- The Washington Times - Thursday, July 2, 2009

The White House turned up the heat in the General Motors bankruptcy case Wednesday, saying the government will not provide further funds to support GM’s reorganization beyond July 10.

The prospect of the loss of government funding - which has been the only thing keeping GM from liquidation for months - provides a powerful incentive for the court to quickly approve the sale of GM’s profitable businesses to the U.S. government as the bankrupt automaker has requested.

“We have no intention to further fund this company” if the court does not approve the sale by July 10, Harry Wilson, a member of the White House’s auto task force, said in testimony before U.S. bankruptcy Judge Robert Gerber in New York. “That has been our position.”

The White House and GM, in stepping up pressure on the bankruptcy court, have repeatedly pointed to the record-fast approval of Chrysler’s sale by a judge of the same court after only 30 days in bankruptcy. The White House is now aiming for approval of the much larger GM transaction within 40 days of filing, Mr. Wilson said.

Even the swift bankruptcy reorganization the administration is seeking will cost U.S. and Canadian taxpayers about $60 billion. Prolonging the bankruptcy for months as objections pile up from dealers, states and bondholders would only add to the cost. GM itself estimated that a traditional, prolonged bankruptcy proceeding could take from months to years and would cost the government more than $100 billion.

If the court agrees to the sale of most of GM to the Treasury, the U.S. government would become 60 percent owner of the company, with the Canadian government getting a 12.5 percent share. GM’s autoworkers’ union would gain a 17.5 percent share and bondholders would get a 10 percent share under the reorganization scheme.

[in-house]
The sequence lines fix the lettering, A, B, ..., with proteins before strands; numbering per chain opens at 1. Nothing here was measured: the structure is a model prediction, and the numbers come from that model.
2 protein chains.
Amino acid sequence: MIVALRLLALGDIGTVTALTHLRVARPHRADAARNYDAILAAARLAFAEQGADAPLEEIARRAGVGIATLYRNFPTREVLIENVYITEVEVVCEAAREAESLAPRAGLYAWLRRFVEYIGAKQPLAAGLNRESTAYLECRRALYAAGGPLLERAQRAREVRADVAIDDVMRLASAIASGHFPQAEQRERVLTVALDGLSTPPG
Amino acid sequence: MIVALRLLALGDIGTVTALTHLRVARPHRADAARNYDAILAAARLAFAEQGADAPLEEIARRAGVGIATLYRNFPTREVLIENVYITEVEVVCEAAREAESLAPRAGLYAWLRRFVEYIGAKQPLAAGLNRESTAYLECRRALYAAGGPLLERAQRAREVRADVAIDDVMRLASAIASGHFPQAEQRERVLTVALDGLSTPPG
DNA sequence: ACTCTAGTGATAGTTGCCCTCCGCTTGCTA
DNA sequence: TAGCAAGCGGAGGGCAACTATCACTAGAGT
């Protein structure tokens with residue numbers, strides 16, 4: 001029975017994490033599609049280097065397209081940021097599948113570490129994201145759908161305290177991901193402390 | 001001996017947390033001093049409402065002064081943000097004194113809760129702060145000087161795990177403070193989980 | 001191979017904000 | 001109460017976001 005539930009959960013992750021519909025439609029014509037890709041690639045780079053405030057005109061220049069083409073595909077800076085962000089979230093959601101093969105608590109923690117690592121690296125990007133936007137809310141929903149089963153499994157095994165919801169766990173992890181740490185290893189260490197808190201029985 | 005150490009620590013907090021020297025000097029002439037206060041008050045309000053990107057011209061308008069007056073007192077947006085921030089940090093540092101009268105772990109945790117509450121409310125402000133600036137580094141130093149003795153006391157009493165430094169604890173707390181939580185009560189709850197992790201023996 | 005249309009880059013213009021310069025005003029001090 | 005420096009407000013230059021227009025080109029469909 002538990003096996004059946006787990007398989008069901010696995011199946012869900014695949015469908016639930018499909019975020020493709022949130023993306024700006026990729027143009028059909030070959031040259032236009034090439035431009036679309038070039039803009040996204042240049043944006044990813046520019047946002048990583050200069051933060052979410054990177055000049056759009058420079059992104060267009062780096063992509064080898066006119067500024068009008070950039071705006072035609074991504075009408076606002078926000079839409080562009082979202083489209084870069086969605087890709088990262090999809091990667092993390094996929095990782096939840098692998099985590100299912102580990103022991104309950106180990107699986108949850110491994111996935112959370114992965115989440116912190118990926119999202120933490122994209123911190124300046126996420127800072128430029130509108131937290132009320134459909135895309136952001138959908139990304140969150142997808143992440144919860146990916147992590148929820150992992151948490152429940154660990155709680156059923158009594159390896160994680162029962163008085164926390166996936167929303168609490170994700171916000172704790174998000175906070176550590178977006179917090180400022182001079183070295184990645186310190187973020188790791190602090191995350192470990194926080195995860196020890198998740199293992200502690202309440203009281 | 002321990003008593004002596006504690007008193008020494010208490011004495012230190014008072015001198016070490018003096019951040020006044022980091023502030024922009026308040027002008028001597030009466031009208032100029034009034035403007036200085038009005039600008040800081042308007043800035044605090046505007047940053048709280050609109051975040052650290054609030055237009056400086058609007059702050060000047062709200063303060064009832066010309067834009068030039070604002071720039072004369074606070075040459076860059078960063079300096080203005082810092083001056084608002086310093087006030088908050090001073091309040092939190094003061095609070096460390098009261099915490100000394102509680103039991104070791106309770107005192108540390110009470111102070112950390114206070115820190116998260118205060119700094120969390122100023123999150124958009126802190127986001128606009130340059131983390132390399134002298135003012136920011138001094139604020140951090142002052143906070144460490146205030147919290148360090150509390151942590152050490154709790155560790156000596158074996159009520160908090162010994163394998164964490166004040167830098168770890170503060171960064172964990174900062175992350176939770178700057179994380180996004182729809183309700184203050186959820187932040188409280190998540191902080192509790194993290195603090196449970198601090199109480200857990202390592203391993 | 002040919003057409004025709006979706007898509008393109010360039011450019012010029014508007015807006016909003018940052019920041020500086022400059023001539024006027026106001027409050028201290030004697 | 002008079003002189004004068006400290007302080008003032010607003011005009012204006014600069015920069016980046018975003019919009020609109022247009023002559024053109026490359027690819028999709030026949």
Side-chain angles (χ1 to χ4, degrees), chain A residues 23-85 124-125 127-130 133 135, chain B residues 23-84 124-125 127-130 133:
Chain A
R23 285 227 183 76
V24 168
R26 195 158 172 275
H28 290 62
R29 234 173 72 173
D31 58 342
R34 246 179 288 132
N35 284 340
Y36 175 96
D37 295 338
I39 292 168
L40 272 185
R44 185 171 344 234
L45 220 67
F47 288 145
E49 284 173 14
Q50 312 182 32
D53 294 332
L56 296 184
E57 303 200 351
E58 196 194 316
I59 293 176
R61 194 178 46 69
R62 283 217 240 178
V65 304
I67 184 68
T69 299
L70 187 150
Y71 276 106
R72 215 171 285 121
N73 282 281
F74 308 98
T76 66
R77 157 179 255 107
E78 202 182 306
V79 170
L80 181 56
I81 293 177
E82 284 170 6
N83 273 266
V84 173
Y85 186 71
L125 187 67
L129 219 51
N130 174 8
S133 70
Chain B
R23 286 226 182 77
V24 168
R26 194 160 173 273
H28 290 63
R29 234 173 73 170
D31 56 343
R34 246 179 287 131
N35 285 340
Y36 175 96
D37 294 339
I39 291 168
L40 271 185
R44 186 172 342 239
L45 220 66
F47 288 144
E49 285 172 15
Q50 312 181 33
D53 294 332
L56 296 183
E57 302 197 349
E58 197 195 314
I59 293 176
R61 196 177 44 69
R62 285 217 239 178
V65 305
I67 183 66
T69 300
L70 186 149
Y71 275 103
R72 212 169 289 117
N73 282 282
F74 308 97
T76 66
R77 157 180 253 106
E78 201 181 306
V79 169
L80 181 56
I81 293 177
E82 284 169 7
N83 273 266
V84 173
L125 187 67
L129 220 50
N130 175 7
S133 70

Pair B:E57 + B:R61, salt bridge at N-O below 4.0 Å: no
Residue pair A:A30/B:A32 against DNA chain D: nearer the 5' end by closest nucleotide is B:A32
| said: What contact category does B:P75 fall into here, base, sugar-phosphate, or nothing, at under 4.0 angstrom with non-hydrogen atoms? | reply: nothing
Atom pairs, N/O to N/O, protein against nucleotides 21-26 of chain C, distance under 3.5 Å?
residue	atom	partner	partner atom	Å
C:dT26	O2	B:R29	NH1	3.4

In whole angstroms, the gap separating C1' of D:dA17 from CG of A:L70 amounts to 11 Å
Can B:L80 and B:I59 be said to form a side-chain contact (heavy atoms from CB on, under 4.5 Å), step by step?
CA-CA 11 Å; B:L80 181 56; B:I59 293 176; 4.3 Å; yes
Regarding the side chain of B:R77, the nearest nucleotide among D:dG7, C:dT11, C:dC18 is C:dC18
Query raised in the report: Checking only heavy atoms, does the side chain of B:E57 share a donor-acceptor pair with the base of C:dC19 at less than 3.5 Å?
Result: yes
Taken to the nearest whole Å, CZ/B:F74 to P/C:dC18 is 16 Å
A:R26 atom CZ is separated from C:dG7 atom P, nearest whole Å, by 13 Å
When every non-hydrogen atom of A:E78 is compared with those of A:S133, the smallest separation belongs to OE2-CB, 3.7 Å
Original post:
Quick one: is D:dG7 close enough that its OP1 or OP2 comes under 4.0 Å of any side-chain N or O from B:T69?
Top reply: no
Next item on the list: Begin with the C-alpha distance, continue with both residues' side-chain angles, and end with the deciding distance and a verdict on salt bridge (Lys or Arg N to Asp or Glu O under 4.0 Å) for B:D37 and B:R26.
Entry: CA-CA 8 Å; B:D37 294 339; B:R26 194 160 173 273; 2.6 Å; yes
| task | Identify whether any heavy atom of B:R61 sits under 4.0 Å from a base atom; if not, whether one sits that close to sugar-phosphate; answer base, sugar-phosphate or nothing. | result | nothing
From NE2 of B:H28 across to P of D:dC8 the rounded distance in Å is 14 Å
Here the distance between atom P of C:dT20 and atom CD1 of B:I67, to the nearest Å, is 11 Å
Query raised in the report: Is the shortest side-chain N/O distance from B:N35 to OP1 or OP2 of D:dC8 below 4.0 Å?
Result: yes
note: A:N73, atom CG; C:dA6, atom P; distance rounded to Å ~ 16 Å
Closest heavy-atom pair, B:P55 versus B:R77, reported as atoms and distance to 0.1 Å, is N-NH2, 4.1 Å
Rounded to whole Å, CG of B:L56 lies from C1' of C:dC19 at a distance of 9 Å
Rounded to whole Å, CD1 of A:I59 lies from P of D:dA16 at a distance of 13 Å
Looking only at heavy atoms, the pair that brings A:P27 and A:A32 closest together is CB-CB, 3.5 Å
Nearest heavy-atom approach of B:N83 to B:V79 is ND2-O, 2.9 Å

Mr. Wilson said the administration hopes to recoup some of the cost of the GM bailout by selling its stake through an initial stock offering some time next year.

White House officials from President Obama on down have stressed that they believe the only way they can save GM is if it quickly emerges from bankruptcy. Mr. Wilson testified that, after talking to bankruptcy experts, the task force concluded that GM could not survive a prolonged reorganization.

“We were trying to do it in 30 to 40 days,” he told the court, rather than the 60- to 90-day schedule that was widely reported when GM filed for bankruptcy on June 1.

GM Chief Executive Officer Frederick A. “Fritz” Henderson told the court that the company would be forced to liquidate and go out of business if Treasury stops financing the bankruptcy reorganization on July 10.

“We are concerned about the business status of the company in a bankruptcy,” he told the court. Mr. Henderson also disclosed that it was White House task force head Steven Rattner who asked his predecessor, Rick Wagoner, to step down at a face-to-face meeting in March.

Other officials testified that the cost of winding down and selling off the unprofitable units of GM is also mounting and will be about $1.25 billion - more than the $950 million the Treasury originally budgeted.

Some of the shuttered plants and facilities cannot be sold because of environmental contamination, said GM restructuring chief Albert Koch. He put the cost of repairing environmental damage at company sites at $530 million.

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